Having a child with dyslexia can be a frustrating experience. They have difficulties keeping up with their peers at school, and start to develop anxieties around learning. Schools also find it difficult to support our dyslexic children; teachers are not trained in best practice remediation, nor do they have the resources to provide the intensive one on one approach that best works for our children. It falls to us, the parents to help our children through a system that seems to set them up for failure. Where do we start to help our children?
To me, we can help our children best with a 2-step approach. Firstly, we must help them see their strengths, and the advantages of having dyslexia. We must allow them to feel success; if not through schooling, then through other outside activities. Secondly, we must help them to conquer their weaknesses, so they have more access to learning. This article focuses on the remediation aspect of dyslexia only.
How does dyslexia affect my child?
Dyslexia impacts people in varying degrees, so the symptoms may differ from one child to another. Generally, symptoms show up as problems with accuracy and fluency in reading and spelling. But in some children, dyslexia can impact writing, math and language, too.
Students with dyslexia often exhibit weaknesses in underlying language skills involving speech sound (phonological) and print (orthographic) processing, and in building brain pathways that connect speech with print. The brain pathways used for reading and spelling must develop to connect many brain areas and must transmit information with sufficient speed and accuracy.
Most students with dyslexia have weak phonemic awareness, meaning they are unaware of the role sounds play in words. These students may also have difficulty rhyming words, blending sounds to make words, or segmenting words into sounds. Because of their trouble establishing associations between sounds and symbols, they also have trouble learning to recognise words automatically (“by sight”) or fast enough to allow comprehension. If they are not accurate with sounds or symbols, they will have trouble forming memories for common words, even the “little” words in students’ books.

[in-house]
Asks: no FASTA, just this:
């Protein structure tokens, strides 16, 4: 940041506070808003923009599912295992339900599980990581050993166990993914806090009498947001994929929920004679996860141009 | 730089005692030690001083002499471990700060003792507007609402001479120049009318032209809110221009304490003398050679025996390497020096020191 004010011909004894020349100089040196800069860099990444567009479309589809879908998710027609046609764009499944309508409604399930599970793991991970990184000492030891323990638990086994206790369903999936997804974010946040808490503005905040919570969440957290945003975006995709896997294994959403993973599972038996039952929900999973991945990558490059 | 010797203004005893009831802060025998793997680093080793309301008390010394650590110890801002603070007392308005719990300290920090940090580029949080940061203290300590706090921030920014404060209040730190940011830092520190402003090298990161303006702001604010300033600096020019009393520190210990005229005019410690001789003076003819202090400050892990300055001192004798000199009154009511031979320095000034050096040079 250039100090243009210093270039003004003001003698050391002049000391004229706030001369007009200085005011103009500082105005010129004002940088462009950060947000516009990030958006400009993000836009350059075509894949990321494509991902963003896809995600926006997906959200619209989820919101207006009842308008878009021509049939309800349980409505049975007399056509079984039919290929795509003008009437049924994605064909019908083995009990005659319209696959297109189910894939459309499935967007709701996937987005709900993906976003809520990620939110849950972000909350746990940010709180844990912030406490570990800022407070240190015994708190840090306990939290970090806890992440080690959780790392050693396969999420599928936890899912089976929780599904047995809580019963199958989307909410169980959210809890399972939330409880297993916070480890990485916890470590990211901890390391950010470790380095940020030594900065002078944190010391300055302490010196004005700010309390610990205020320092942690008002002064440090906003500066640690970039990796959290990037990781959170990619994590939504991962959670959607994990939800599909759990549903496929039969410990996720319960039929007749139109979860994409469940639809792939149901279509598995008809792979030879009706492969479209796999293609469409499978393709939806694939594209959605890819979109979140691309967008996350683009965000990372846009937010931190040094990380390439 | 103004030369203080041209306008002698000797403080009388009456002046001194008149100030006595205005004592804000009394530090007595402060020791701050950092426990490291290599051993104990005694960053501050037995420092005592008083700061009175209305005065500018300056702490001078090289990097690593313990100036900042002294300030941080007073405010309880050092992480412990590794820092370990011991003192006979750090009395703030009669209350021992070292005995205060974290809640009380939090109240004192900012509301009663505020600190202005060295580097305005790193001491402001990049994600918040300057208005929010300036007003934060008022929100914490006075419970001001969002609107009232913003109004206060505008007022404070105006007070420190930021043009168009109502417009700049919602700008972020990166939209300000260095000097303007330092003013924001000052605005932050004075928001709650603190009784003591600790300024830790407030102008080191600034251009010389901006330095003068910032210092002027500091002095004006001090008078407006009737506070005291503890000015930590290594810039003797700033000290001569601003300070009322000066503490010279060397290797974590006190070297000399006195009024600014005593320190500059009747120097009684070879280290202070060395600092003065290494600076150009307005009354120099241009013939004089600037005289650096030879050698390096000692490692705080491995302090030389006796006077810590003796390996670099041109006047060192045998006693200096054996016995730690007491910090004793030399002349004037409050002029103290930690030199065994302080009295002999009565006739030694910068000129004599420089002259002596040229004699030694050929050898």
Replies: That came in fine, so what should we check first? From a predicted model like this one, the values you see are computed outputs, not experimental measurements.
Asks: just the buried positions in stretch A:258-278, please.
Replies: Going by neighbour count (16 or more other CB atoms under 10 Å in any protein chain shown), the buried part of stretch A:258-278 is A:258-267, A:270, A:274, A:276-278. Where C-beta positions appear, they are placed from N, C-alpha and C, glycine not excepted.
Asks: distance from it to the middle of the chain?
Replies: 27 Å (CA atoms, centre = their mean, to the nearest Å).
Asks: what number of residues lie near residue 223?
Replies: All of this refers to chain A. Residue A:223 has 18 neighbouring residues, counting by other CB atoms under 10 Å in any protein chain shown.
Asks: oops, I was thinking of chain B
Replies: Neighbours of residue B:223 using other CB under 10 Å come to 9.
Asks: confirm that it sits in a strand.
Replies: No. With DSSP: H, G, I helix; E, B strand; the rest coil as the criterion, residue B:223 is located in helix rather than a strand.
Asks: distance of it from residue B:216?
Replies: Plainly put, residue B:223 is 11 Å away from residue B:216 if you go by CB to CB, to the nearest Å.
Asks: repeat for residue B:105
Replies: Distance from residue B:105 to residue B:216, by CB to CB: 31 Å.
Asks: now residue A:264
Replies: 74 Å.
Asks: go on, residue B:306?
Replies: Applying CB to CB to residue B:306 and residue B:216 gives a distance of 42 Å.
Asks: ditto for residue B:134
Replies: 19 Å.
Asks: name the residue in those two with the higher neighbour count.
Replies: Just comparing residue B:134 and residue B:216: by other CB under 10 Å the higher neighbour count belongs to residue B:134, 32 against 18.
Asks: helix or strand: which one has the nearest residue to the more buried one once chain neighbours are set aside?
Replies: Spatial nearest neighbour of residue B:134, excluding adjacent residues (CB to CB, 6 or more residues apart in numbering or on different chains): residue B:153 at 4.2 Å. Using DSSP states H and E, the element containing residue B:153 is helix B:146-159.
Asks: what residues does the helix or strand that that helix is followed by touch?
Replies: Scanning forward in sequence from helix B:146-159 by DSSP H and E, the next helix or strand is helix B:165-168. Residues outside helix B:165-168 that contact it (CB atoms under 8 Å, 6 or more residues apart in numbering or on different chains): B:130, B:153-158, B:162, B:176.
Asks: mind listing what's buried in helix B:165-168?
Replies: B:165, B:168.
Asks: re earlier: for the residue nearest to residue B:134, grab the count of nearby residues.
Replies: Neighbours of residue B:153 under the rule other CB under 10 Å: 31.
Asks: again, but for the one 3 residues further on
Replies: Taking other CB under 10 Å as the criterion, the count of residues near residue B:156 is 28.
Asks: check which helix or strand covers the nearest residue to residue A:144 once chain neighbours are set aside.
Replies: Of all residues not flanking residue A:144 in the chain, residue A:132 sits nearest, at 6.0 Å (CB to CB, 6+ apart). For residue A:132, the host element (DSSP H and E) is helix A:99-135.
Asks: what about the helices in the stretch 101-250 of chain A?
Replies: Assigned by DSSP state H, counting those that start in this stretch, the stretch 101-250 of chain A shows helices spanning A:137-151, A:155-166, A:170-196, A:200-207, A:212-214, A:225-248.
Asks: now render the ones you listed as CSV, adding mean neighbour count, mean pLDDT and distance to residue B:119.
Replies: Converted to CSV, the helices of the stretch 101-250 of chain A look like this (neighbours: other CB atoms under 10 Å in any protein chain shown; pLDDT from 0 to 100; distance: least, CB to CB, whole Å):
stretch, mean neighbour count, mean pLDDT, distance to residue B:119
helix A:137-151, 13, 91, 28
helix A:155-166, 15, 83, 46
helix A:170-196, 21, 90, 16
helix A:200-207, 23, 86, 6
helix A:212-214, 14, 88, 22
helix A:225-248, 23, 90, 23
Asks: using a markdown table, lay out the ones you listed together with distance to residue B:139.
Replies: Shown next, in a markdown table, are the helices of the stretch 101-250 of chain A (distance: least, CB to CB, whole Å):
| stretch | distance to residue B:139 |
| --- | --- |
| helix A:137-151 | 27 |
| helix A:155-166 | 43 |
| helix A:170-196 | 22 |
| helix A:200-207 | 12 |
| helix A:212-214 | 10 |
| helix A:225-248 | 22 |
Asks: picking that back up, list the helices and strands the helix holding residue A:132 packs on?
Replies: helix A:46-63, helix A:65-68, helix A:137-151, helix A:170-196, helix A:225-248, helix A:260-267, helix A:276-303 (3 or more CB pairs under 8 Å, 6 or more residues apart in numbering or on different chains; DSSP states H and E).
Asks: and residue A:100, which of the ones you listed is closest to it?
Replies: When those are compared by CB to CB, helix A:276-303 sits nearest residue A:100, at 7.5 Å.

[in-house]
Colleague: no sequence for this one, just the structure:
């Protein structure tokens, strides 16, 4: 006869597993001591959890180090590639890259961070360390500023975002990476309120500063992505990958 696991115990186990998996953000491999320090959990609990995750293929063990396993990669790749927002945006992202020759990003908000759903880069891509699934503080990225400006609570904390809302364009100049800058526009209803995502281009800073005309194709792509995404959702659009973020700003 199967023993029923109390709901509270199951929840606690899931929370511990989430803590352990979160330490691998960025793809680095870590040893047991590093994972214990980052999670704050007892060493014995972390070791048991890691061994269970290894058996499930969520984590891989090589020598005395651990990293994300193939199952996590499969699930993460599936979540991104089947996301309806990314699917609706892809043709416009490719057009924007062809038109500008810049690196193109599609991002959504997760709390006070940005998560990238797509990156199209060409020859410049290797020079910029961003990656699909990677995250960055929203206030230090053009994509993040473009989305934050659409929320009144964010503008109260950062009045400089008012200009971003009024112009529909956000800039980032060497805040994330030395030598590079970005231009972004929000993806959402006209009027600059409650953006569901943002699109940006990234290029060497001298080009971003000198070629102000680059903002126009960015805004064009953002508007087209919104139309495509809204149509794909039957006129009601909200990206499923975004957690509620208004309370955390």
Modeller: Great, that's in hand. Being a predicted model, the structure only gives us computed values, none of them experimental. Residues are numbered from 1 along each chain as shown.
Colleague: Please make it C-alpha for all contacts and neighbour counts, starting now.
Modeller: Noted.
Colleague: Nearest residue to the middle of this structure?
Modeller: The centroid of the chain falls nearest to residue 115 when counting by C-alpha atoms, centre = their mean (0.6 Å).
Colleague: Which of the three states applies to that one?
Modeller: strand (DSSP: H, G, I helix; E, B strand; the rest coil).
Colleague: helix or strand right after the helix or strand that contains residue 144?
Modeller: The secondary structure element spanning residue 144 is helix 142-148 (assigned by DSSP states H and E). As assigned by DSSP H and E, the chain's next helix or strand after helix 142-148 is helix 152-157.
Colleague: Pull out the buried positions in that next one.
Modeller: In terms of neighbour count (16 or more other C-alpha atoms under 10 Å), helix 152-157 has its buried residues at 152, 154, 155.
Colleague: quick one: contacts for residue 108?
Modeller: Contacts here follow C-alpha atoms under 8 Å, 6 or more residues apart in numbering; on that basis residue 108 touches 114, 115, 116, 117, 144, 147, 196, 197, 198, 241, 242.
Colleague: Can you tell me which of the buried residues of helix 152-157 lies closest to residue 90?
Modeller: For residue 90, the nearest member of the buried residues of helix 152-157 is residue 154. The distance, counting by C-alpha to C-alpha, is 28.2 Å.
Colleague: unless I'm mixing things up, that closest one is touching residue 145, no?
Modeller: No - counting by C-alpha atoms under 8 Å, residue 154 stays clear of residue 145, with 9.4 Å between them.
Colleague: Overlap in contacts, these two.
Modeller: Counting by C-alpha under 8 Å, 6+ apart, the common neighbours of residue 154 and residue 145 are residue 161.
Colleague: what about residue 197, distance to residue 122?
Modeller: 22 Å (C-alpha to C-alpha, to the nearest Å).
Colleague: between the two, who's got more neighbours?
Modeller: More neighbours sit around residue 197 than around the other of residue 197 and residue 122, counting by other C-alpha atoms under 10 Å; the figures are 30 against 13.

What does a good remediation program look like?
There are many methods for helping teach children with dyslexia to read. A growing body of research is pointing to the need for programs that are:
Focused on the structure of language
The programs also become more effective when teamed with multisensory learning; involving the use of visual, auditory, and kinesthetic-tactile pathways simultaneously to enhance memory and learning of written language. Links are consistently made between the visual (language we see), auditory (language we hear), and kinesthetic-tactile (language symbols we feel) pathways in learning to read and spell.
Margaret Byrd Rawson, a former President of the International Dyslexia Association (IDA), said it well. “Dyslexic students need a different approach to learning language from that employed in most classrooms. They need to be taught, slowly and thoroughly, the basic elements of their language—the sounds and the letters which represent them—and how to put these together and take them apart. They have to have lots of practice in having their writing hands, eyes, ears, and voices working together for conscious organisation and retention of their learning.”
What does a good tutor look like?
First and foremost, your child needs to like and relate to their teacher. Learning to read with dyslexia can be an extremely frustrating experience, and it helps the journey if you like the person who is teaching you.
The teacher must be good at flexible or individualised teaching, and have a teaching plan that is based on careful and continuous assessment of the student’s needs. Every children will struggle in different areas, and the teacher must be able to adapt to any curve ball.
A good tutor will communicate with you, your child, and your child’s teacher. They will suggest things you can work on at home, talk about accommodations they could receive at school, and care about the development of confidence and self-esteem in the child.
Where do I find a good tutor?
The best way to find a good tutor is by talking to other parents and teachers about the progress other dyslexic children are making with a tutor.
Look for a program that is direct, cumulative, explicit, and uses a multi-sensory approach. Programs that use the Orton Gillingham approach are considered the gold standard for successful remediation.
About the author
Julie is a dyslexia tutor based in Titirangi, Auckland. She works with a number of amazing dyslexic children, helping them to become their best self at school. She uses the Barton System of remediation, which has at its heart, an Orton Gillingham approach. While the children Julie tutors are all making incredible progress with reading, she is most proud of their improved motivation, self-esteem, confidence and belief in themselves.